Tuesday, May 6, 2014

The IBM Model M Keyboard and Modern Computers

My people have no tradition of proofreading.  —Ken White

I love my IBM Model M "clicky" keyboard.  It has pounded out everything I've written for a quarter-century, including a master's thesis, a doctoral dissertation, thousands of reports, budgets, email messages, and even a small book.  What's so great about it?  The click!  There's a nice, satisfying click sound at the instant the key makes contact.  There's good tactile feedback, too.  You can feel when the key has made contact.  You don't have to bottom out each key press, and that means less effort when typing.  The letters are molded into the key caps, not painted on; the keys on my keyboard look as good today as they did a quarter-century ago.
Have I made you want one?  You can buy a brand-new Model M keyboard, made from the original IBM design, and even using the original IBM molds.  They're made by Unicomp in Lexington, Kentucky, USA using the original IBM equipment.  There's one specifically for Mac computers, too. They cost $80 to $120 plus shipping.

Not convinced that you should pay a hundred bucks for a keyboard?  It will make your life and work easier, and it'll last forever.  Computers may come and computers may go, but your Model M keyboard will go on and on.  Read what NPR's Martin Kaste has to say about it.

Using an Older Model M

If you're lucky, as I am, you have an original Model M keyboard.  You also have a problem; the keyboard has a PS/2 type plug, and modern computers do not have PS/2 sockets!  (New Model Ms from Unicomp come with a USB interface.)

You will need a PS/2 Keyboard To USB Adapter.  Cheaply made "bulge in the cable" adapters do not work.  Use the link to get the right thing.  (Disclosure:  Amazon pays me a few cents if you buy using the link.  I'm almost up to a dollar a month in commissions.)  You will probably also need a short USB extension cable because the adapter is too fat to plug directly into many USB sockets.  Plug directly into the computer or into a powered USB hub; an unpowered hub will not work because of the power requirements of the keyboard.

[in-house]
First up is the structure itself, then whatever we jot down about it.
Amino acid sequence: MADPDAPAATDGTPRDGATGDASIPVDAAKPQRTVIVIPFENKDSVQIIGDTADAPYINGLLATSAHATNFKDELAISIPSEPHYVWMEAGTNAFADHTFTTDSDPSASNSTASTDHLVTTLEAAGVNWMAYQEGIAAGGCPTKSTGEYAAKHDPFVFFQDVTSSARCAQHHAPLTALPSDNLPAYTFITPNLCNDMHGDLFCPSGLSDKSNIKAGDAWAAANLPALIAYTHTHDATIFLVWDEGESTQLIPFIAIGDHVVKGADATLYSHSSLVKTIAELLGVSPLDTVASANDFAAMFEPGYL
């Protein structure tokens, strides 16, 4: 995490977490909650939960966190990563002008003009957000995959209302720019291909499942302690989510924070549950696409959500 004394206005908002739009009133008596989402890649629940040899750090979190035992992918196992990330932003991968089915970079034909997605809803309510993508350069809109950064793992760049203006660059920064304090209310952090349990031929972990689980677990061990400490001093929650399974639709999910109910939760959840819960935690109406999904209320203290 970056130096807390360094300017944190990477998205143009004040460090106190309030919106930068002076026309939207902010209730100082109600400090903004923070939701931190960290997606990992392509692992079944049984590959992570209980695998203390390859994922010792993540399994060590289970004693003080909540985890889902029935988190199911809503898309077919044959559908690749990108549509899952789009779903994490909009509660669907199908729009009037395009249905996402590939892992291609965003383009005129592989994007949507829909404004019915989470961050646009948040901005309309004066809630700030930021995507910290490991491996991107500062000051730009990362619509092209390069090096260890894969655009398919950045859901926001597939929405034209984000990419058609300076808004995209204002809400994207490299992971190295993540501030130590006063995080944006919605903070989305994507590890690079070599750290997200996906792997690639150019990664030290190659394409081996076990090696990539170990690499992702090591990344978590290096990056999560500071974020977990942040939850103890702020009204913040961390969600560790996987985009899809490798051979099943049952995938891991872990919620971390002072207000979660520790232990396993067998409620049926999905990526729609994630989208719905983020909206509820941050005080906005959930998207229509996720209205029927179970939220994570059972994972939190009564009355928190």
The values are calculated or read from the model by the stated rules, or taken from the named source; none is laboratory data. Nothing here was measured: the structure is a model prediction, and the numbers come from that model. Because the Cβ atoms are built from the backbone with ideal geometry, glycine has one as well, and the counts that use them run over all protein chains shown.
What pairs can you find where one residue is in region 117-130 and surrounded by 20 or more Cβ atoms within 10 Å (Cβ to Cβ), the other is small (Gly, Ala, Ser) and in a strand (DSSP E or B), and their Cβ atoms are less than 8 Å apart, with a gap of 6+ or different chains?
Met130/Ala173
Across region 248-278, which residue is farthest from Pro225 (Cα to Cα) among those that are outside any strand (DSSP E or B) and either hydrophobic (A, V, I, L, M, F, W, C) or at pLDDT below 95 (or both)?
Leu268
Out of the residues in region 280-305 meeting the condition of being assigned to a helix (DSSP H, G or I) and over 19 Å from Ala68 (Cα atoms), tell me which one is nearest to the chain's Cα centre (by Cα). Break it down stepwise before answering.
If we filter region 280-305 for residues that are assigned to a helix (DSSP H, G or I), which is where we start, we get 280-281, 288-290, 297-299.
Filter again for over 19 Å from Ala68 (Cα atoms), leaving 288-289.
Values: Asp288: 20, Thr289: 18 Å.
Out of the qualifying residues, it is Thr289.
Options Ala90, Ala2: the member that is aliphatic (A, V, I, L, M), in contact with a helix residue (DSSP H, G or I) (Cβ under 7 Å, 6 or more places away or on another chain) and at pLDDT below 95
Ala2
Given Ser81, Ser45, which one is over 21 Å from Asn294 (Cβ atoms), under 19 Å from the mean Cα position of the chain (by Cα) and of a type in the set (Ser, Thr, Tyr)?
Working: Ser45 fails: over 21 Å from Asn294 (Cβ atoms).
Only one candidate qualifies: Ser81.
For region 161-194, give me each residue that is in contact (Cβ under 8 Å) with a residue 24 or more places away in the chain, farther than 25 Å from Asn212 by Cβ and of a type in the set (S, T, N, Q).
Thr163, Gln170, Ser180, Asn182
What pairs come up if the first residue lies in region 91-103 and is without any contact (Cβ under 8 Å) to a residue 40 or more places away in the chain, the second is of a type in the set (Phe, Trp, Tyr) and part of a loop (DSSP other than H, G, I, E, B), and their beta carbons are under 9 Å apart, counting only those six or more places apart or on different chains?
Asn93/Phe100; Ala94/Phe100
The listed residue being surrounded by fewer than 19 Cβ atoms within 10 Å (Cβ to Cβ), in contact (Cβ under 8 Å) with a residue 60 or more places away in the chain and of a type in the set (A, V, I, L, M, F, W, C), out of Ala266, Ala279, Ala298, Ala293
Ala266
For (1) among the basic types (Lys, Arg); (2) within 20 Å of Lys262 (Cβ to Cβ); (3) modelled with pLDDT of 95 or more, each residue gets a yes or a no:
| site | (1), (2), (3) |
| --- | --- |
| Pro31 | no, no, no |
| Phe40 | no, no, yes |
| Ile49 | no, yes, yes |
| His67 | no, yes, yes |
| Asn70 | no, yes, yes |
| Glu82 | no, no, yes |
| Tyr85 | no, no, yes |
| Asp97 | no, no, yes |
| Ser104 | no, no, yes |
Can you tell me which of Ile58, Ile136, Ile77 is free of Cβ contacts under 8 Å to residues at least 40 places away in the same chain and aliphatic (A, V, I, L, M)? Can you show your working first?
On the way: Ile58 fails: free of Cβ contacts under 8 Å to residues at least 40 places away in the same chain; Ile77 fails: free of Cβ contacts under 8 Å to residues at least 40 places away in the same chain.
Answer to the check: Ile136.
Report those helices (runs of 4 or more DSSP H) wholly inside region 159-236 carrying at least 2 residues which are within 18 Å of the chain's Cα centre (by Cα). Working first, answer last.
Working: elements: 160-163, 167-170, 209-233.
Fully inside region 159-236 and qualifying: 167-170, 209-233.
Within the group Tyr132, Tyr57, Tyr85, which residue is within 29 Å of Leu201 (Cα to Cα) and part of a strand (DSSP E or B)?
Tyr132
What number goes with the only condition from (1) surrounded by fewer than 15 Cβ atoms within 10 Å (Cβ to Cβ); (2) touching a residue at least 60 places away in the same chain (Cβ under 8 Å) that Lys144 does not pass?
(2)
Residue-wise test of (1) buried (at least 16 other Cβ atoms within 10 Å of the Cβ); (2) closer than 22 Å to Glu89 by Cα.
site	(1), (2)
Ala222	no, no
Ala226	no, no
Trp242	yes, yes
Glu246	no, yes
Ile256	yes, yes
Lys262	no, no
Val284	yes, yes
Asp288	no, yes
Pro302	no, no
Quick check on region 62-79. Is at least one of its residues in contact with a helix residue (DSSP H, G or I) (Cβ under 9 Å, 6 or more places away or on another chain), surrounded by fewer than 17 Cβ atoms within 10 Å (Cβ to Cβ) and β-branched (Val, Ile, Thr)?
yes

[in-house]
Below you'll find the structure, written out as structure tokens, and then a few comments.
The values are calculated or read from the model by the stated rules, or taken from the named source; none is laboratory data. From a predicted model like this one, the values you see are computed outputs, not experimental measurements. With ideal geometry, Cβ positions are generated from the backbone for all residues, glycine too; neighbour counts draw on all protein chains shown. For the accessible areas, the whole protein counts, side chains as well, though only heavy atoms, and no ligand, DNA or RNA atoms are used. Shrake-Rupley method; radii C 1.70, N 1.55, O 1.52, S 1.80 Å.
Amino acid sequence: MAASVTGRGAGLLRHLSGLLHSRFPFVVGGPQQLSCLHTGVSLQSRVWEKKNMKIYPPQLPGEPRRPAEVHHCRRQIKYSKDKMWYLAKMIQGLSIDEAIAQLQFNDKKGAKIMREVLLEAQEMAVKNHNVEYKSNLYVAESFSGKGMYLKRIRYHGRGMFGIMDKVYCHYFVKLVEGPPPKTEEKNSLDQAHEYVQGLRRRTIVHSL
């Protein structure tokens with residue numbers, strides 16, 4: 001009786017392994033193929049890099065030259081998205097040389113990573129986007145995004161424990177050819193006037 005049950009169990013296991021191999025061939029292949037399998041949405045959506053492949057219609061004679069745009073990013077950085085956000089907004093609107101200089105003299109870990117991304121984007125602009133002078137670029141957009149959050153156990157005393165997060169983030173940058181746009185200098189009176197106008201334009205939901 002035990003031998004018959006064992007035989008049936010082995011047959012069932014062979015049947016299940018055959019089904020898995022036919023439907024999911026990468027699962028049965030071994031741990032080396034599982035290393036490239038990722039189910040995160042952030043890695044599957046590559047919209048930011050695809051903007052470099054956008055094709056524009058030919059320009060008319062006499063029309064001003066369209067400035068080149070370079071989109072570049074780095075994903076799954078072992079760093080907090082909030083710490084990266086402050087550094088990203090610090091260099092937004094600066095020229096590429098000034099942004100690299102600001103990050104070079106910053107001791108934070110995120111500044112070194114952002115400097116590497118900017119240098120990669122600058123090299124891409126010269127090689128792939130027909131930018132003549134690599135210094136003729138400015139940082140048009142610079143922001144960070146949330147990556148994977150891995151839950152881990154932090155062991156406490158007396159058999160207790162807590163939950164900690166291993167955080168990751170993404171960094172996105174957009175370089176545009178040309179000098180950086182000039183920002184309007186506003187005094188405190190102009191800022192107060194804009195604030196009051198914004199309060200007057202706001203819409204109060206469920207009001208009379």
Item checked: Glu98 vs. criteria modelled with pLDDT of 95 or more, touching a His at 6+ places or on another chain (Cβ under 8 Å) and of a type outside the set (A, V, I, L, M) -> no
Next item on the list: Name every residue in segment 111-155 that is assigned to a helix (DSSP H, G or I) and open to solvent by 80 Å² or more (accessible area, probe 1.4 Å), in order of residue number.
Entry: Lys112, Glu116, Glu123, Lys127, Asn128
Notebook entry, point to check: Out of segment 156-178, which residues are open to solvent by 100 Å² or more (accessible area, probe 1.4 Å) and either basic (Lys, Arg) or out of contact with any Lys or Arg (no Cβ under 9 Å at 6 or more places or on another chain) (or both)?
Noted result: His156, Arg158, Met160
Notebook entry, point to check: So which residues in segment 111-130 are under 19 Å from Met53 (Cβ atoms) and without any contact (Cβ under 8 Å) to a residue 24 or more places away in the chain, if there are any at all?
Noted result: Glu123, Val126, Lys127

Cleaning up that Model M, and USB Conversion

If you're like me, after a couple of decades enough glop has dropped into your keyboard to be truly disgusting.  The nice people at Unicomp will clean and thoroughly test your keyboard for $30 plus shipping.  Email them at support@pckeyboard.com for an RMA number.  When you have the RMA number, order a Class 1 keyboard repair and ship your keyboard off to them.  (They can do more extensive repairs in the unlikely event that you have a non-working keyboard, but it might be better just to buy a new one from them.)

For a little extra, Unicomp will make the USB conversion for you.  If you're going to send your keyboard in for cleanup, order the USB conversion, too.  That's far better, and possibly less expensive, than using an adapter.  (It was $10 when I had mine done; that's less than the price of the adapter.  Check with Unicomp for the current price.)

Converting the Keyboard to USB Yourself

Some people, handy with soldering irons, have installed the USB adapter inside the keyboard case.  The idea is attractive to me because the adapter hanging from a cable on my laptop dock is un-aesthetic.  I haven't tried it, but it might not be hard to do.  A little time with Google should find some help.

But really, just get Unicomp to do it for you.  They're the professionals.

Copyright © 2014 by Bob Brown

Creative Commons License
The IBM Model M Keyboard and Modern Computers by Bob Brown is licensed under a Creative Commons Attribution-ShareAlike 3.0 Unported License.